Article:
Monday, March 4, 2013
Watercolor and boarding the bandwagon
A while ago I came across the sun prints of Anna Atkins made of British ferns, published in 1843. I wrote about her here. Ever since then I've been wanting to make watercolors of ferns (since I'm not much of a sun print type), but have been busy with the business/baby/life trilogy. I've finally found the time to fiddle with watercolor, and am discovering that these new designs look an awful lot like a lot of stationery and illustrations out there. Hand-painted artwork is very trendy right now, artwork informed by old illustrations and vintage-y colors. So these designs will look very much, or ARE very much, like I'm jumping on the bandwagon.
The current message sent out to all designers is to be true to your own vision and nurture your original look. But to be honest I don't really have one. Trained as a children's book designer, I was trained to be at the service of a narrative—to create designs that brought out other people's work, where the designer is and should be essentially invisible. It's all about the story, it's not about you.
Now as a stationery designer (and still book designer, designing 2 right now, how do I think I have the time for this...) I find that although I do have a specific perspective, I do not have a single unified look. I'm swept away by too many things. And I want to share these things with people. In a way, I feel that my design skills should be at the service of those looking for unique stationery that could still be within their budget.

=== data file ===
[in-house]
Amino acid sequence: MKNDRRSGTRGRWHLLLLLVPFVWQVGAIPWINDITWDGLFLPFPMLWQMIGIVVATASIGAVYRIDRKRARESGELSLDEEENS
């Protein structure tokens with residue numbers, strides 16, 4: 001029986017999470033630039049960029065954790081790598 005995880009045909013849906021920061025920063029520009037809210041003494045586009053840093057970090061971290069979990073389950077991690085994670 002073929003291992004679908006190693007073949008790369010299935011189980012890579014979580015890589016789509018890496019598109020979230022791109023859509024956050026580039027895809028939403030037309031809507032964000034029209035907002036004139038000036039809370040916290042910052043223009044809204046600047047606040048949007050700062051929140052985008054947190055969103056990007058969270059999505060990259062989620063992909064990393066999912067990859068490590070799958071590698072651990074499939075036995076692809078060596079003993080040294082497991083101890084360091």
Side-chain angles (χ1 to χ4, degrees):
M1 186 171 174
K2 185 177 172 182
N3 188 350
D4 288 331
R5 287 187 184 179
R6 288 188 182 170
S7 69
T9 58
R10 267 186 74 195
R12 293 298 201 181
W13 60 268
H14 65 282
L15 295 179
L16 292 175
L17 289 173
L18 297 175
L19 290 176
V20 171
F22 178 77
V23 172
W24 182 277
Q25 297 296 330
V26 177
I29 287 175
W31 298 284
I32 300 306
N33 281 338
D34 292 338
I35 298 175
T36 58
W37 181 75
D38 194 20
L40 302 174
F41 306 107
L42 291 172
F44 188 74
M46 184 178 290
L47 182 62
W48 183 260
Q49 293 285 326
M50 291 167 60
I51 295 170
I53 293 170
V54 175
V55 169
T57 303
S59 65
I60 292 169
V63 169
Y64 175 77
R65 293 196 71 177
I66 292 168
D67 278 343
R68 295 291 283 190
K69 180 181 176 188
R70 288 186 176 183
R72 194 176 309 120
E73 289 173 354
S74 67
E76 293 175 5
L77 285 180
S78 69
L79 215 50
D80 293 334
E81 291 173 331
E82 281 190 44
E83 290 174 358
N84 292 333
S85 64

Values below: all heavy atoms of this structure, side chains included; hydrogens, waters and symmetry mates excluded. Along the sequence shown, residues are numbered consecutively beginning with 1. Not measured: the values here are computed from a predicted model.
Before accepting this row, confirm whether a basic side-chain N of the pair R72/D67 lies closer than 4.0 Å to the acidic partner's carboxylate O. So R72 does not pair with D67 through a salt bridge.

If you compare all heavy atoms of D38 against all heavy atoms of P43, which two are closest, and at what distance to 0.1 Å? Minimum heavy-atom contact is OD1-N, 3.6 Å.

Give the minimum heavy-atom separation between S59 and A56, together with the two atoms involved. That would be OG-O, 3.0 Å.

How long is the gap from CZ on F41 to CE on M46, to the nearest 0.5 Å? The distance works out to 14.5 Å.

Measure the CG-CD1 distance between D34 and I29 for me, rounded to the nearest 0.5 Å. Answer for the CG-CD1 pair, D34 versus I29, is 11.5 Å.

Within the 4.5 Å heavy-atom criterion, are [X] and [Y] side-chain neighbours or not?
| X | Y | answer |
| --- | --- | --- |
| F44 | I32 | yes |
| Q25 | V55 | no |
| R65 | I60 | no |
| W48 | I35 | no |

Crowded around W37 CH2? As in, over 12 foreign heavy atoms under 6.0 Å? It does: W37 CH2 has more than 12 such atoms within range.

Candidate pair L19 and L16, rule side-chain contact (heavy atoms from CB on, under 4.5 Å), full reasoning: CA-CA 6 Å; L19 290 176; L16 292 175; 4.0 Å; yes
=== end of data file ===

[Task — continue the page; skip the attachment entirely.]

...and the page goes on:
So, about this bandwagon thing. I feel bad about creating things that will smack of other people's work, even if I'd had it in mind for years. But when custom artwork is out of most people's grasp, is it such a bad thing to find a way to give it to them? Especially if you happen to have a background in watercolor?
What does it mean to feel in service to customers rather than your own "style"? It's not the motto out there. If you're a small business you are not supposed to be talking about money or sales, you are supposed to be true to yourself and stick to your guns.
I guess I'm not on that bandwagon. I guess I think that mindset is its own bandwagon. A good one, one that everyone should aspire to! But I simply don't have a singular design style. If "eclectic" is the word of the day for interiors, can't it be that way for design as well? I design with other people in mind, I design things to make people happy. Design is at the service of others, to be used and loved. It's not art, and THAT'S OKAY.
I'll talk about my artwork some other time!